Tuesday, December 18, 2012
Learning to Keep Our Mouth Shut
Do you ever sit back and listen to someone talk about an event you saw and experienced first-hand, but you know they didn’t see first-hand?
Ever listen to the details they share about what took place, pieced together not from their own experience, but from countless bits of gossip or conversation they’ve heard since the event took place?
Isn’t it amazing how those events can take on a life of their own? Somewhere in their retelling of the event, there’s some truth in there, but there’s also a lot of falsehood thrown in for good measure. Not that they would intentionally pass along falsehood. Then again, maybe they would.
As a police chaplain, I’m often a first responder to events taking place in the community. Sometimes, I’m a second responder, coming after law enforcement has arrived on the scene and determined that a chaplain is needed. Either way, I see, hear, and experience many situations first-hand, many that I’d just soon not see, hear, or experience.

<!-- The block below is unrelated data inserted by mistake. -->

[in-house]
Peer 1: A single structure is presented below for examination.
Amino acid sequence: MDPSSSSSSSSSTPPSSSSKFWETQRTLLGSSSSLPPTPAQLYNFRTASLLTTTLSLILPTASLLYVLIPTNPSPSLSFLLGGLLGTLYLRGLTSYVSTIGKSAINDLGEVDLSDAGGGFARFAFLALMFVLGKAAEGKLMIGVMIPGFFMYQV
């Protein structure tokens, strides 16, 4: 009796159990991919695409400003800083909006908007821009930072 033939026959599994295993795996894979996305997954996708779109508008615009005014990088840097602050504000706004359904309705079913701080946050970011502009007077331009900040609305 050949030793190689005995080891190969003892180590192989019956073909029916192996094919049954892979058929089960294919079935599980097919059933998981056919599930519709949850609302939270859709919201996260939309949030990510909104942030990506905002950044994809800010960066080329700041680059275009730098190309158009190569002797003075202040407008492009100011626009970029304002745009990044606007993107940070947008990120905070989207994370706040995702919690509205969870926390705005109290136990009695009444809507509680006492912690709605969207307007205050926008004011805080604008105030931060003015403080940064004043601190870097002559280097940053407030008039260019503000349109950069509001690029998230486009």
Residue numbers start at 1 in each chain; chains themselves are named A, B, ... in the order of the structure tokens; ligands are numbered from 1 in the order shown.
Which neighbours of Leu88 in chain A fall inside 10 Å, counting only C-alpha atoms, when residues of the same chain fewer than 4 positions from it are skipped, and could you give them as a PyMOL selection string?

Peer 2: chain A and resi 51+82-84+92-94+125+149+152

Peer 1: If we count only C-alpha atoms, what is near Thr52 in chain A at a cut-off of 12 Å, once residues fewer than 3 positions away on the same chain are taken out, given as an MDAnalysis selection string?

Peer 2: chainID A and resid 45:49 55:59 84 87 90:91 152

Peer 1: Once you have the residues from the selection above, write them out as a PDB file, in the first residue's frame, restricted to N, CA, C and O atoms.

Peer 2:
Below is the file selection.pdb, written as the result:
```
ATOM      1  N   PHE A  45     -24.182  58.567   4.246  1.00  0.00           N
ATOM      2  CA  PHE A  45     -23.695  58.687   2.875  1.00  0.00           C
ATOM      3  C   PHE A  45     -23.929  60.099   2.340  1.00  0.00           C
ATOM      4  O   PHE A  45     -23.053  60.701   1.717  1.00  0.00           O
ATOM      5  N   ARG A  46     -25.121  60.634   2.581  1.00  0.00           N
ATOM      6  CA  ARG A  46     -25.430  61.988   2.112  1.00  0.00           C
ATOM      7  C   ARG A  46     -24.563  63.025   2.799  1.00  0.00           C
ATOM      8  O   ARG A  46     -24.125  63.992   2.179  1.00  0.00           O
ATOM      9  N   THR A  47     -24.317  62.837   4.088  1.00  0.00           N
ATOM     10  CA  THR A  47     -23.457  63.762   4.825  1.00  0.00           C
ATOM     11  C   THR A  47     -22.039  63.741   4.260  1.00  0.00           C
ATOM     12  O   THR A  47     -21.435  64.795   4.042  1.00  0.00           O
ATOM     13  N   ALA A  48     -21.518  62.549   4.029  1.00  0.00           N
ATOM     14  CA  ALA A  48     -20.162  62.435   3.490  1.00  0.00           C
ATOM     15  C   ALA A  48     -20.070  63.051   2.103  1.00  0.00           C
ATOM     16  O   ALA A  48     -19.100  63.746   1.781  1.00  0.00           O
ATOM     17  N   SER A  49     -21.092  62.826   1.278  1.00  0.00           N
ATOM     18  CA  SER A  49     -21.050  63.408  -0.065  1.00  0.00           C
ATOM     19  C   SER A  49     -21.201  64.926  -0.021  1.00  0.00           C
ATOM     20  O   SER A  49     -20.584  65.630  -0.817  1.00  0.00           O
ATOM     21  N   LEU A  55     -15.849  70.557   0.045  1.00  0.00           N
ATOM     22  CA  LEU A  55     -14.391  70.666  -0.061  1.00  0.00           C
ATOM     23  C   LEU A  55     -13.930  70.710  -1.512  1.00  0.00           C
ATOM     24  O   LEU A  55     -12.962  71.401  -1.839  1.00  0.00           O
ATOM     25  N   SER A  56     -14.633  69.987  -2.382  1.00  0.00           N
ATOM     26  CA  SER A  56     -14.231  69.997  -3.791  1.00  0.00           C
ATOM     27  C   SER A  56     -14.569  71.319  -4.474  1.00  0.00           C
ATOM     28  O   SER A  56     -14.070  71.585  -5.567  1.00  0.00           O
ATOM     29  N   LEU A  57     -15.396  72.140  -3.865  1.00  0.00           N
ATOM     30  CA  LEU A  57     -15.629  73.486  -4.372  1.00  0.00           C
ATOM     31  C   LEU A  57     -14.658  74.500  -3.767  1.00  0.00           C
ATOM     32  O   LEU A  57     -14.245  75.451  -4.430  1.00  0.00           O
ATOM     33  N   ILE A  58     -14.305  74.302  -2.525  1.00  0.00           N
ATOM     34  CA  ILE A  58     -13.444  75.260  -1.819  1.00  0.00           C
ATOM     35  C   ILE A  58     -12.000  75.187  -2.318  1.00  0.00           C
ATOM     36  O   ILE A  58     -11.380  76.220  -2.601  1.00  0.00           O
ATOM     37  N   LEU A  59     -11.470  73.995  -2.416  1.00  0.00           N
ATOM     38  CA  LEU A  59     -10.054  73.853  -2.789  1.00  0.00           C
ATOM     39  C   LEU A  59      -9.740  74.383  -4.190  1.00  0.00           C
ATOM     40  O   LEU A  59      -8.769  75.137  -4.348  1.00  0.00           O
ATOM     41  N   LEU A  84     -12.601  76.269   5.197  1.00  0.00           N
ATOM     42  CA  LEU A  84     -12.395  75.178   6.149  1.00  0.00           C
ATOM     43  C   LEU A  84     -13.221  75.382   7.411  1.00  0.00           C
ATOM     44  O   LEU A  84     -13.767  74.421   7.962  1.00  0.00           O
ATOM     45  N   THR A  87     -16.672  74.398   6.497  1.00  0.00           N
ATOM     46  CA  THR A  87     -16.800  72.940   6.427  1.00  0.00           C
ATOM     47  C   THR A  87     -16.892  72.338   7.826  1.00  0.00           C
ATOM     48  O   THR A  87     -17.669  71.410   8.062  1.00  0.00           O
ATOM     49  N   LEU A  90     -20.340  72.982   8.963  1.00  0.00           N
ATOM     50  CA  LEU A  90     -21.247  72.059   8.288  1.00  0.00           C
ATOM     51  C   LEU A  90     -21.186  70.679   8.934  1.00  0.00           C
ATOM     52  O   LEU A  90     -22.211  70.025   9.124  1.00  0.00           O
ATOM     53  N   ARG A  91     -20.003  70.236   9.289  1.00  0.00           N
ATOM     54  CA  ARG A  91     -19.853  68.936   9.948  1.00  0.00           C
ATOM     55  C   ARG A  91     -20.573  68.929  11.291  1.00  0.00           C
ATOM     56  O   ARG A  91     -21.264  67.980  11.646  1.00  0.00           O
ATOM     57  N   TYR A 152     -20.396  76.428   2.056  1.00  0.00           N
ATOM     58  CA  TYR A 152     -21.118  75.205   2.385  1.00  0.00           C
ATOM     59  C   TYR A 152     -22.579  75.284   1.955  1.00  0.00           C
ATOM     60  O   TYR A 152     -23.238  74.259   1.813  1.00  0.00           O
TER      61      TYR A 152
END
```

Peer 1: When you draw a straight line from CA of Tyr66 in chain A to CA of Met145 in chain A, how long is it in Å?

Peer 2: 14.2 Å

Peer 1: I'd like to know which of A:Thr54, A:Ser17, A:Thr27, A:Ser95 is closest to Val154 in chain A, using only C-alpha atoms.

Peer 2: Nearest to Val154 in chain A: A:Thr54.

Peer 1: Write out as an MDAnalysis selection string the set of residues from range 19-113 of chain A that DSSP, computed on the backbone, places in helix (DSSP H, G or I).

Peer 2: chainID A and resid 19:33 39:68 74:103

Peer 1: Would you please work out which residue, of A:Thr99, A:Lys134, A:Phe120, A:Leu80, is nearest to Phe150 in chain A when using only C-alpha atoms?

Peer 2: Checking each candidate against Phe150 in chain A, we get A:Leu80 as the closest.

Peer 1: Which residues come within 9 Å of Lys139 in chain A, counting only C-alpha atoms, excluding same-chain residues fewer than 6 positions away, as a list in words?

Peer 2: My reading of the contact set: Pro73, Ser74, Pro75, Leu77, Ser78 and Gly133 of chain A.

And, more than likely, you’ll never hear about those experiences. Well, at least not from me. You might hear about them on a local TV or radio station’s newscast. You might see someone post about it on Facebook. If you live in this area, you might hear about it through gossip at the barbershop, work, salon, or even in the church you attend.
But, you won’t hear it from me.
That’s a promise I made to myself when I began as a chaplain. Keeping a confidence is important. It is important in law enforcement. It is important to the person injured, arrested, or under investigation.
It is important to me as a minister of God’s kingdom.
In our nation, we could use a good dose of keeping our mouth shut. Less talking to the news media about what we saw or didn’t see. Less gossiping about what we heard or what someone told us to be true. Less sticking our noses where they don’t belong.
Sadly, I don’t think that’ll happen. We humans tend to like our 15 minutes of fame, or with instant technology today, it’s more like 15 seconds of fame. Just read Facebook posts or go to many Wednesday night church prayer meetings, you’ll see what I’m talking about.
Today, practice staying silent. Don’t gossip. Quit sharing details that you know. Or don’t know. You’ll be a better person for it.